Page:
Afghanistan condemn Pakistani Ulema’s Fatwa on suicide attack
By Ghanizada - Sun Mar 03, 1:48 pm
Afghan National Security Adviser criticized Pakistan religious scholar Maulana Ashraf Tahiri’s remarks regarding the suicide attack and holy war which is permitted in Afghanistan, Kashmir and Palestine.
Maulana Tahir Ashrafi said suicide attack and Jihad (holy war) is permitted in Afghanistan, Kashmir and Palestine which was widely condemned in Afghanistan.
Rangin Dadfar Spanta, national security adviser for president Hamid Karzai on Saturday said the Fatwa by Pakistani religious scholar chief shows the mainstream of violence which threatens the peaceful lives of the Afghan people.
Maulana Tahir Ashrafi’s remarks were also widely condemned by various political movements, religious clerics and civil activists in the country.
Afghan religious scholars said such attacks are not allowed in Islam and accused Pakistan’s military intelligence for being involved in issuing such a Fatwa.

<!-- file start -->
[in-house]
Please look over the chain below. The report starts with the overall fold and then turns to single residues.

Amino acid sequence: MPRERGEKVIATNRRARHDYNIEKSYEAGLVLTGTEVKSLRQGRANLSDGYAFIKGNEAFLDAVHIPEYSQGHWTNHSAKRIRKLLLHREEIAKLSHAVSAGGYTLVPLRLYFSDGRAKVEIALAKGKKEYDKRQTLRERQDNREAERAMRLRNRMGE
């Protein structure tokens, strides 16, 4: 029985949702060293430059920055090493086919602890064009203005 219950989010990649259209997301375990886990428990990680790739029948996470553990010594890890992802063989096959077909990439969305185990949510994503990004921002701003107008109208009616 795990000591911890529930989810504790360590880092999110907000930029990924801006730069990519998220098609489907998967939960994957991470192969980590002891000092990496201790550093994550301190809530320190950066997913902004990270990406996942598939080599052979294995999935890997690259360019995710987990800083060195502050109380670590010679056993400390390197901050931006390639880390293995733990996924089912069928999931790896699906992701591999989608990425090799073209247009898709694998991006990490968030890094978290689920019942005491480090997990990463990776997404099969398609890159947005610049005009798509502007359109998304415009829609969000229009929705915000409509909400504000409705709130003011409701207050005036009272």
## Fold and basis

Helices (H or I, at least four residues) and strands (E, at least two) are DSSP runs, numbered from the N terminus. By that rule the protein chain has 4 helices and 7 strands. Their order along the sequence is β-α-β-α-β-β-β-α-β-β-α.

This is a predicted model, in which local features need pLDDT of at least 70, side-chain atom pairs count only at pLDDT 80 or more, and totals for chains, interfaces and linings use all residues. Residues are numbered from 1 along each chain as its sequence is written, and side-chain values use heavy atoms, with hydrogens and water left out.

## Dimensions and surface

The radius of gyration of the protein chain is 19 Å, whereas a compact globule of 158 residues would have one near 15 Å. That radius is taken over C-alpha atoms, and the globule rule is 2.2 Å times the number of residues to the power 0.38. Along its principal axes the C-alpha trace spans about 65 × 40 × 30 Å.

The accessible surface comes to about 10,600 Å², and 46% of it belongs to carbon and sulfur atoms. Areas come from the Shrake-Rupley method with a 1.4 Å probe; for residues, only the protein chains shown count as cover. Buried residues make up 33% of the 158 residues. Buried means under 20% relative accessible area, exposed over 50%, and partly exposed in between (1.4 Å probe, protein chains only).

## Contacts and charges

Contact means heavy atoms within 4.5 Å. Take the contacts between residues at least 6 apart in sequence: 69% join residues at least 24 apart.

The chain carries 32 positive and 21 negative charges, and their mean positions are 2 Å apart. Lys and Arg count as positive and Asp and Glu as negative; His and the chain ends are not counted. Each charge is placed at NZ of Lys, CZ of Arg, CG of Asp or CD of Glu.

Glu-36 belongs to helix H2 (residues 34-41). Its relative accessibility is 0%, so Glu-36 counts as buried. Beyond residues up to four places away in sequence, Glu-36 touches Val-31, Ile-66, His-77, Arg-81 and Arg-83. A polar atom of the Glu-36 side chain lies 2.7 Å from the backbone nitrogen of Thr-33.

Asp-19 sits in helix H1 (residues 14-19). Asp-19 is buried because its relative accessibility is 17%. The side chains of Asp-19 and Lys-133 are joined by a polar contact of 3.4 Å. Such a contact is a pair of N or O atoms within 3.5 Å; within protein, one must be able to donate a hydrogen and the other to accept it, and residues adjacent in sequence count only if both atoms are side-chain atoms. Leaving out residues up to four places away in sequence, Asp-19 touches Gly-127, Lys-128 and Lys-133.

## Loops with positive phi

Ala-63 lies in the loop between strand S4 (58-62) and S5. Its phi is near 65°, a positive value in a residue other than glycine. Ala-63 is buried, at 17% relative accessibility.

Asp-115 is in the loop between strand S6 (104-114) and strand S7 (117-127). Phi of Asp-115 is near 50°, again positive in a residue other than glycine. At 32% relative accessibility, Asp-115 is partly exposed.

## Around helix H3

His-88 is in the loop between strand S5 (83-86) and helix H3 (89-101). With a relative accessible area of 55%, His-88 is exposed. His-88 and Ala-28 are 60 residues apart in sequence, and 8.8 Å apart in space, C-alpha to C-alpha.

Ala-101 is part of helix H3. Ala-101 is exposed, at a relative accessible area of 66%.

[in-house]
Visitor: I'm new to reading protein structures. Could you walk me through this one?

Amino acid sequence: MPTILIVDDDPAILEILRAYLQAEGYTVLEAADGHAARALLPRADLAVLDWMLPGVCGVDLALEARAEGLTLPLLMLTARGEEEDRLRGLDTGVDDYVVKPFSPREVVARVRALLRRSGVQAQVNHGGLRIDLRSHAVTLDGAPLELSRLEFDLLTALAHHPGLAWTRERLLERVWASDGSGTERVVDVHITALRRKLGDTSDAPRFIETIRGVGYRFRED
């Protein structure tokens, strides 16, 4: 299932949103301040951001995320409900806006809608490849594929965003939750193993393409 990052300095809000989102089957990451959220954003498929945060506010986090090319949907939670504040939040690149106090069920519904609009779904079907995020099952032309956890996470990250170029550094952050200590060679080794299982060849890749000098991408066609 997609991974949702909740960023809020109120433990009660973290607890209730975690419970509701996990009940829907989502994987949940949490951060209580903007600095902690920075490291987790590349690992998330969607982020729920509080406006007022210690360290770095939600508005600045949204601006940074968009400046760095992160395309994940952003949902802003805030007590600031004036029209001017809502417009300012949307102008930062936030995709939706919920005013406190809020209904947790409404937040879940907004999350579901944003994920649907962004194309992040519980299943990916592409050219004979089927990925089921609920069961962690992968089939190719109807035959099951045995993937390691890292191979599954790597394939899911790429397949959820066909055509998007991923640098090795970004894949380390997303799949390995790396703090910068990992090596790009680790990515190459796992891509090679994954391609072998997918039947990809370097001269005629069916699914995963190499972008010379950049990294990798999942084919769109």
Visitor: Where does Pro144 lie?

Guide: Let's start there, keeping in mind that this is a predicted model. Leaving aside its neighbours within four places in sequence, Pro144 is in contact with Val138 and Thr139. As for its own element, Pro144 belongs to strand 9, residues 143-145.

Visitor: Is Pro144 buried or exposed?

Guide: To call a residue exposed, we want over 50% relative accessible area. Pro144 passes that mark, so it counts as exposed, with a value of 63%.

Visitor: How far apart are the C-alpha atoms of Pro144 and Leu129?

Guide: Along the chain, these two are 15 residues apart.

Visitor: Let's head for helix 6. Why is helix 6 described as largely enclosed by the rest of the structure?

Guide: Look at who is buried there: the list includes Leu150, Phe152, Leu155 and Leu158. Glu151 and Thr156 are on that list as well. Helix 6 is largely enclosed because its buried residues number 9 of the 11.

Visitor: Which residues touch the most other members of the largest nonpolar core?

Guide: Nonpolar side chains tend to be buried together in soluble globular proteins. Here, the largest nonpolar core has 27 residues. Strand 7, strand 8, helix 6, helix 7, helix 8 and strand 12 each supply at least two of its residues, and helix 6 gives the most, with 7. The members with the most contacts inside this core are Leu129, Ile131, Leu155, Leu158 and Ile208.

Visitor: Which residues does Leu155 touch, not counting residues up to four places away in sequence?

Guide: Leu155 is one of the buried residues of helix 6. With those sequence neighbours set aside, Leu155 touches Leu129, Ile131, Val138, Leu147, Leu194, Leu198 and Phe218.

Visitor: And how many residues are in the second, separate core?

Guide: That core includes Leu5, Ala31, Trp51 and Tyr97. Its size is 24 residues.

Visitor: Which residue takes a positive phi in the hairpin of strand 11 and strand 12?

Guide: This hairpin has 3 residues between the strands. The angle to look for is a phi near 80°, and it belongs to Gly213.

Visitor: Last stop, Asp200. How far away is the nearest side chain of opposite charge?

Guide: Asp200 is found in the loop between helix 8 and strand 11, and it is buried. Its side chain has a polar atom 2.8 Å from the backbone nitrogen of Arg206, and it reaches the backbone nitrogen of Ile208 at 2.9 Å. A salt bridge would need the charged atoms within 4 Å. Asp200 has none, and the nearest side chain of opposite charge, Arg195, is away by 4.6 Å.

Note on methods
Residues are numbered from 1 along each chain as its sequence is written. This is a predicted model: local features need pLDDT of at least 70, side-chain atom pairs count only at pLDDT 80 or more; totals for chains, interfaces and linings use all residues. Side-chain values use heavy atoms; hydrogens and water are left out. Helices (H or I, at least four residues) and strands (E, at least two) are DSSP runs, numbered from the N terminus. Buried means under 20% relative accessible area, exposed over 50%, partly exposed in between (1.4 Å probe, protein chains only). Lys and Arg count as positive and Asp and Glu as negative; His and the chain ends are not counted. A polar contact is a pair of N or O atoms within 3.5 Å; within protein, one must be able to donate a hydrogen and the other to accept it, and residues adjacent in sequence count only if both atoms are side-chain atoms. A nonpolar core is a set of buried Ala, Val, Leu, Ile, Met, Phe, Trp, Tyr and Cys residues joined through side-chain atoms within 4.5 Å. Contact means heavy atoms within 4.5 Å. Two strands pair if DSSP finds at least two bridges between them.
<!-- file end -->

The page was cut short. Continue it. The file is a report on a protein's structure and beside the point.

In the meantime Rangin Dadfar Spanta called on various political and civil movements in the country to stand against the Pakistani religious scholar’s Fatwa.
He said, “Our political opposition movements, the civil society and other prominent Afghan leaders should unitedly stand to defend our country and our soil and let those know, who are sending the suicide bombers that the Afghan people will never be defeated by these bombers.”
The National Coalition of Afghanistan — main political opposition coalition of the Afghan government also condemned the Fatwa by Pakistani religious scholar and said such remarks will further boost war in the region.
This comes as the Afghan security institutions, specifically the National Directorate of Security (NDS) warned that all the suicide bombers coming in Afghanistan are being trained in Pakistan.
The Fatwa by Pakistani religious scholar chief comes amid Pakistani clerics decision to boycott a regional Islamic conference in capital Kabul. The religious scholars of the two nations were due to discuss suicide attacks and Jihad (holy war) during the conference.
On the other hand there are concerns that the latest Fatwa by Pakistani religious scholar chief will flame more violence in Afghanistan.